EL PASO, Texas – The third member of a group charged in a human smuggling case was sentenced on Dec. 19 in a federal court in El Paso to 135 months in prison for her role in an ongoing conspiracy that resulted in the death of two migrants.
The case was investigated by Homeland Security Investigations El Paso with the assistance from the U.S. Border Patrol Big Bend, Texas, and Tucson, Arizona, sectors, U.S. Immigration and Customs Enforcement’s Enforcement and Removal Operations Dallas, the Drug Enforcement Administration, Texas Department of Public Safety, Dallas Police Department, and Hudspeth Country Sheriff’s Office assisted with the investigation.
According to court documents, Guadalupe Quezada, 35, of Mesa, Arizona, along with co-defendants Veronica Quezada, 39, also of Mesa, and Elizabeth Miranda Lozano, 39, of Dallas, actively participated in an ongoing conspiracy to bring in, transport and harbor undocumented immigrants into the United States from Mexico from on or about November 2019 through on or about August 2021.
The organization smuggled groups of migrants into the United States by traversing the border across the Chihuahuan Desert near Van Horn, Texas. Foot guides would direct the migrants to walk through the desert and rendezvous with drivers who then transported the immigrants to stash houses or staging areas for further harboring by stash house operators. During the time of the conspiracy, the organization twice abandoned migrants who were unable to keep pace with the group. An investigation revealed that the abandonment of the migrants under the harsh conditions resulted in their deaths.
Guadalupe Quezada would receive human smuggling proceeds in bulk as well as through financial institutions and redirect them to promote human smuggling and to invest in real property. In addition to imprisonment, she also forfeits three Phoenix properties. She and her two co-defendants pleaded guilty to one count of conspiracy to bring an alien to the United States resulting in death.
“As demonstrated by these defendants, human smugglers have a callous disregard for the value of life,” said HSI El Paso Special Agent in Charge Francisco B. Burrola. “Tragically, their inhumane practices all too often result in serious injury or death. HSI will continue to work closely with our law enforcement partners to aggressively pursue transnational criminal organizations that jeopardize the lives of others for their personal profit.”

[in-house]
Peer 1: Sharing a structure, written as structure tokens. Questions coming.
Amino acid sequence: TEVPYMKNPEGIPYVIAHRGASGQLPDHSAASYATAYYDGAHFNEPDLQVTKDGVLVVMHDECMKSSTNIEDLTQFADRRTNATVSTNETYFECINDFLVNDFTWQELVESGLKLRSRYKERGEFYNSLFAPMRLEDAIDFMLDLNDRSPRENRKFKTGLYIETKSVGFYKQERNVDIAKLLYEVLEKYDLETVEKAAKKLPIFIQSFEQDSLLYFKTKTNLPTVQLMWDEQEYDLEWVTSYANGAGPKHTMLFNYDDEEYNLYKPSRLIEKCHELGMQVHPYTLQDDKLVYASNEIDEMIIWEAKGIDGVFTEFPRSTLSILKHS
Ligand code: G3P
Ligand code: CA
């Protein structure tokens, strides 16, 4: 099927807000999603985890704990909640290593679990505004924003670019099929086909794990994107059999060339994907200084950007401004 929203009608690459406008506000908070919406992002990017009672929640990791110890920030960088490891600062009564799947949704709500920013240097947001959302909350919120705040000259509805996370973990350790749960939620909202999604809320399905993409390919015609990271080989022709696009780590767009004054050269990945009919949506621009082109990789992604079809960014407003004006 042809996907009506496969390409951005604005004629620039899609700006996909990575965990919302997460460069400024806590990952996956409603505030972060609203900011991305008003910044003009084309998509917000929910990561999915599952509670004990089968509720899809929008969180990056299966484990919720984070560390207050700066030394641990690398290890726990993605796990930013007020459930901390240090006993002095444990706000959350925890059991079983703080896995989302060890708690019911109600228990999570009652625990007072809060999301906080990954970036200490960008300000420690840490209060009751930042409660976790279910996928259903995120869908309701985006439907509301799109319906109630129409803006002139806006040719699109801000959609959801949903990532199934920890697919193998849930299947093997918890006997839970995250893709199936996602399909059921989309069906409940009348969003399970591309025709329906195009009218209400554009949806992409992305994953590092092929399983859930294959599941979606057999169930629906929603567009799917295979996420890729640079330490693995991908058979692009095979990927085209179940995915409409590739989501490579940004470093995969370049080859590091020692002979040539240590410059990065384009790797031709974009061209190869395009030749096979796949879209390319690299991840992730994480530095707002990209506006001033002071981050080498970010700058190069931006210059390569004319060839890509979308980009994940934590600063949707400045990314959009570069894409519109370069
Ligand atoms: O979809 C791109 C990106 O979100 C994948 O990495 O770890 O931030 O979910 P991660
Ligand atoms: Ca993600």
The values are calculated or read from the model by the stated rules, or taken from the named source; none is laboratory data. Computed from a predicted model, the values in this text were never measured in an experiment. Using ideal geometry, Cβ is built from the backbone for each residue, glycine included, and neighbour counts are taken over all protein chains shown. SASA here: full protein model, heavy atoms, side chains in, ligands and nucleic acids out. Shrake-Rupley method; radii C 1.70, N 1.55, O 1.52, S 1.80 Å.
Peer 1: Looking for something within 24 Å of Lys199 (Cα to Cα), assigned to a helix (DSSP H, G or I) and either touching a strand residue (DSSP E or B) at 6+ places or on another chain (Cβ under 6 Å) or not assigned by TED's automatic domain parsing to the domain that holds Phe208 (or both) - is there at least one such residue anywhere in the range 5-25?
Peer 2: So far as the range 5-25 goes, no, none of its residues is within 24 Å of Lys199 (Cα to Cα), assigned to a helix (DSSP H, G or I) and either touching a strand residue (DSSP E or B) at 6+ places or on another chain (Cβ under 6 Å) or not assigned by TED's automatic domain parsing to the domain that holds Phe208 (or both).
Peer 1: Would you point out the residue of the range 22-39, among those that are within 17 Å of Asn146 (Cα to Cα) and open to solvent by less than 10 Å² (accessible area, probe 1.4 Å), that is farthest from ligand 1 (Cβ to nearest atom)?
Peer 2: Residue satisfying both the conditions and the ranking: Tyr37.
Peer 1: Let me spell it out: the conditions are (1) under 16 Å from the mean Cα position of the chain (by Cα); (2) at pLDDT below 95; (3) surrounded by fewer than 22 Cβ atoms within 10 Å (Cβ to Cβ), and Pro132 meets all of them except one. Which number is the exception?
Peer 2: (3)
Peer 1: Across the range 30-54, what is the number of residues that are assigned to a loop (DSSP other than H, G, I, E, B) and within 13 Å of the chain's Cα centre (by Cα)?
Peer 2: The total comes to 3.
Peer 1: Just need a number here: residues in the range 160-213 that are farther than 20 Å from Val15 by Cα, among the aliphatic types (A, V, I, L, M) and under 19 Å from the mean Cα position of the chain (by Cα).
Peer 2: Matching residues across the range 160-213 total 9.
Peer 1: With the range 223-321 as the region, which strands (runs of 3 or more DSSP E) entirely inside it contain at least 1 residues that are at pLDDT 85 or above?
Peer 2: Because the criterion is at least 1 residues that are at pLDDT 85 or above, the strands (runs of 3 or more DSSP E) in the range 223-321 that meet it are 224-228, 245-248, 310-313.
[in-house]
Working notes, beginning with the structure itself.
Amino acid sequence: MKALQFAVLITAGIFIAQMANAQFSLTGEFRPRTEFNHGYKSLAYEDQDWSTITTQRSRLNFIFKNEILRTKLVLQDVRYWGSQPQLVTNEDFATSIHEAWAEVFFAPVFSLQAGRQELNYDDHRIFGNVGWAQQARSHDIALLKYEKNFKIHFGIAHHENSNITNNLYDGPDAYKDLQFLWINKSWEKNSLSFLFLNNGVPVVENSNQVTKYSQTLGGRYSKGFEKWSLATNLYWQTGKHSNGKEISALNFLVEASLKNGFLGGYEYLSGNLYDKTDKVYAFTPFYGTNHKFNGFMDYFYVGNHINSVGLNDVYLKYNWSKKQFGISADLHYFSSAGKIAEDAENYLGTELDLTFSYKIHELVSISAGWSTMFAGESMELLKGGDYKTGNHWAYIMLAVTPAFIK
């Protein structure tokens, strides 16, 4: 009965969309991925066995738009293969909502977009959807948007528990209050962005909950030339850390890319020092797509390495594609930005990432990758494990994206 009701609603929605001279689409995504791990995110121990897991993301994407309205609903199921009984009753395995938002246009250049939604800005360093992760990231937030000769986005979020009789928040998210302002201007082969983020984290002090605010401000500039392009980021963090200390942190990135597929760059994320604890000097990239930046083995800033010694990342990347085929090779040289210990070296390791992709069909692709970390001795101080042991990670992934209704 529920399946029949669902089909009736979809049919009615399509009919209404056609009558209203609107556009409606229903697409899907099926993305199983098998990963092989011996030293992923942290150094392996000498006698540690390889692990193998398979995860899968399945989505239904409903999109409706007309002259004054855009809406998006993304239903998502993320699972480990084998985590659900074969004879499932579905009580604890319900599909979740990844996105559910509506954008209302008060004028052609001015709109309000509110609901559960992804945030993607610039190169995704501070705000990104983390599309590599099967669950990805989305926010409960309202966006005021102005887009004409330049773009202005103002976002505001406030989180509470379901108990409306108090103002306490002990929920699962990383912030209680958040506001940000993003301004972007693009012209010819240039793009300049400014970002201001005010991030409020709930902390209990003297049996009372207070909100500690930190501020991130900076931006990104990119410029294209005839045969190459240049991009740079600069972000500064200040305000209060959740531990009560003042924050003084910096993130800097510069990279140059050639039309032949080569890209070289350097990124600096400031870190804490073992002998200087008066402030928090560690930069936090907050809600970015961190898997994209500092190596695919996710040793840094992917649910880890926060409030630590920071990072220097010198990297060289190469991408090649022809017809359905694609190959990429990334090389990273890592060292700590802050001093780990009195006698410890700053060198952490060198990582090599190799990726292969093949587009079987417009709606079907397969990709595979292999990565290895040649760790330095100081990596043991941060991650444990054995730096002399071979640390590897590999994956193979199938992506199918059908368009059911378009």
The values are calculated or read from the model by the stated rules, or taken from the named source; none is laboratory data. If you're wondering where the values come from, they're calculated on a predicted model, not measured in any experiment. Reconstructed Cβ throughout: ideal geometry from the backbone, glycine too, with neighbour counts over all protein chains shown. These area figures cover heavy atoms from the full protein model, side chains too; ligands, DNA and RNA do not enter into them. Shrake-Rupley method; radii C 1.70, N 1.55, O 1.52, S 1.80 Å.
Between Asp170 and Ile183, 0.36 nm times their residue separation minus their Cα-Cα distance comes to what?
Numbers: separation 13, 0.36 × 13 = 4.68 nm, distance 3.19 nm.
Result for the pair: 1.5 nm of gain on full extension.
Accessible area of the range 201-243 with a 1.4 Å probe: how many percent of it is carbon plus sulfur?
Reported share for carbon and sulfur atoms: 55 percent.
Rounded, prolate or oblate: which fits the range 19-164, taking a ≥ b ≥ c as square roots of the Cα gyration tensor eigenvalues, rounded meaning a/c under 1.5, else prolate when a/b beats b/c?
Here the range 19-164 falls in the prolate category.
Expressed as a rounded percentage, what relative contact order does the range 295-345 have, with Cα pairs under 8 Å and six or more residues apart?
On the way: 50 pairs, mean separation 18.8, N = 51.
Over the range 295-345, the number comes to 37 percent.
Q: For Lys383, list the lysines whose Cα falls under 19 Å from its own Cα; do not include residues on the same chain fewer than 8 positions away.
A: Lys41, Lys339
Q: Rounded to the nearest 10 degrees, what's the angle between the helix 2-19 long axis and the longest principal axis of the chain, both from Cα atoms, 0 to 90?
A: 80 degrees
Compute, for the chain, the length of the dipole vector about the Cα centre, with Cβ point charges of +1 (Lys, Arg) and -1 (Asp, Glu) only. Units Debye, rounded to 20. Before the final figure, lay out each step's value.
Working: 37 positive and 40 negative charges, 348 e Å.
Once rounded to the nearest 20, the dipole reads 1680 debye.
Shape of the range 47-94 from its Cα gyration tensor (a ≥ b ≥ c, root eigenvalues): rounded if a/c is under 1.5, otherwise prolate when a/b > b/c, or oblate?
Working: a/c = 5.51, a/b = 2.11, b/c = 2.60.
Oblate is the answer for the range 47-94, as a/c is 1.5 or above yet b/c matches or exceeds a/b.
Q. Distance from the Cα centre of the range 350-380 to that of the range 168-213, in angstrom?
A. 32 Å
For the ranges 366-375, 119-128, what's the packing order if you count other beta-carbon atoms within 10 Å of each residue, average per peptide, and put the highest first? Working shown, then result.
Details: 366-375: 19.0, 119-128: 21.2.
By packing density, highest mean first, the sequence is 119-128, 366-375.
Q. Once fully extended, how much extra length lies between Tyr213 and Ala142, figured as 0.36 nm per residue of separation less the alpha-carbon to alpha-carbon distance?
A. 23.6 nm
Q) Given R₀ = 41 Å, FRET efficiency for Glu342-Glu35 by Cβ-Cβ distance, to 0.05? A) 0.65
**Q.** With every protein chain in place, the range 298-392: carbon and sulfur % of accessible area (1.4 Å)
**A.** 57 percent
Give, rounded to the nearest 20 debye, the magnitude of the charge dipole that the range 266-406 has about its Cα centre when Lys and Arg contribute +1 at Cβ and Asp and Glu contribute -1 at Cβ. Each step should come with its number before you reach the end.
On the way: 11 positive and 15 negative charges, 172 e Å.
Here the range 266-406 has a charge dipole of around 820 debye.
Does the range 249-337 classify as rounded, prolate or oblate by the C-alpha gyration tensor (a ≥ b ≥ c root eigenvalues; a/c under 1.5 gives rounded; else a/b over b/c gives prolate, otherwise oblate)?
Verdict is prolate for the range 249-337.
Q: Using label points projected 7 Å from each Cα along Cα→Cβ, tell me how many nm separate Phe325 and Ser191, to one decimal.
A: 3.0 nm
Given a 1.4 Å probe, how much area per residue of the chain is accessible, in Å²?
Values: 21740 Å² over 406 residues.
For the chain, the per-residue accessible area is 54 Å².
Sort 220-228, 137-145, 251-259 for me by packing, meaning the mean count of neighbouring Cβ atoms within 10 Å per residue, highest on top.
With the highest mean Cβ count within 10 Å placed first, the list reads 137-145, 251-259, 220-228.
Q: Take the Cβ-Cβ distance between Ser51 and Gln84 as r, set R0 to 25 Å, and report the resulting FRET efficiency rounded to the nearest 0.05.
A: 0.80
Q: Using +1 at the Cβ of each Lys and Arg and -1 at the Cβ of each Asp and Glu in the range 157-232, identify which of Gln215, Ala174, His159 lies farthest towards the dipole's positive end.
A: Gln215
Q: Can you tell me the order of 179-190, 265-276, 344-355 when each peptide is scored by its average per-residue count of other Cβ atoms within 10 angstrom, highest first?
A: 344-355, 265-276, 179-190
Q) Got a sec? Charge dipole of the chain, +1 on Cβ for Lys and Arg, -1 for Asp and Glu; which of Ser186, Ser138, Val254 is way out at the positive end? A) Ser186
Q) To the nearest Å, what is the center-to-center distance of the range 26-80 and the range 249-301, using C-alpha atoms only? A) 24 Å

On Dec. 13, Veronica Quezada was sentenced to 63 months in federal prison. Her role was to provide logistical support to foot guides, drivers and others by registering vehicles that would be used to facilitate human smuggling. She traveled daily to the United States from Mexico to oversee operations on behalf of the organization.
Lozano also was sentenced to 97 months in federal prison on Dec. 13. Her role was to transport and harbor migrants in staging areas prior to releasing them to their destination. She relocated to Dallas from Arizona to manage the stash house on behalf of the organization.
Assistant U.S. Attorneys Jose Luis Acosta and Patricia Acosta prosecuted the case.
For more news and information on HSI’s efforts to aggressively investigate human smuggling and human trafficking in West Texas and the state of New Mexico, follow us on X, formerly known as Twitter, @HSIElPaso.
HSI is the principal investigative arm of the U.S. Department of Homeland Security, responsible for investigating transnational crime and threats, specifically those criminal organizations that exploit the global infrastructure through which international trade, travel, and finance move. HSI’s workforce of more than 8,700 employees consists of more than 6,000 special agents assigned to 237 cities throughout the United States, and 93 overseas locations in 56 countries. HSI’s international presence represents DHS’ largest investigative law enforcement presence abroad and one of the largest international footprints in U.S. law enforcement.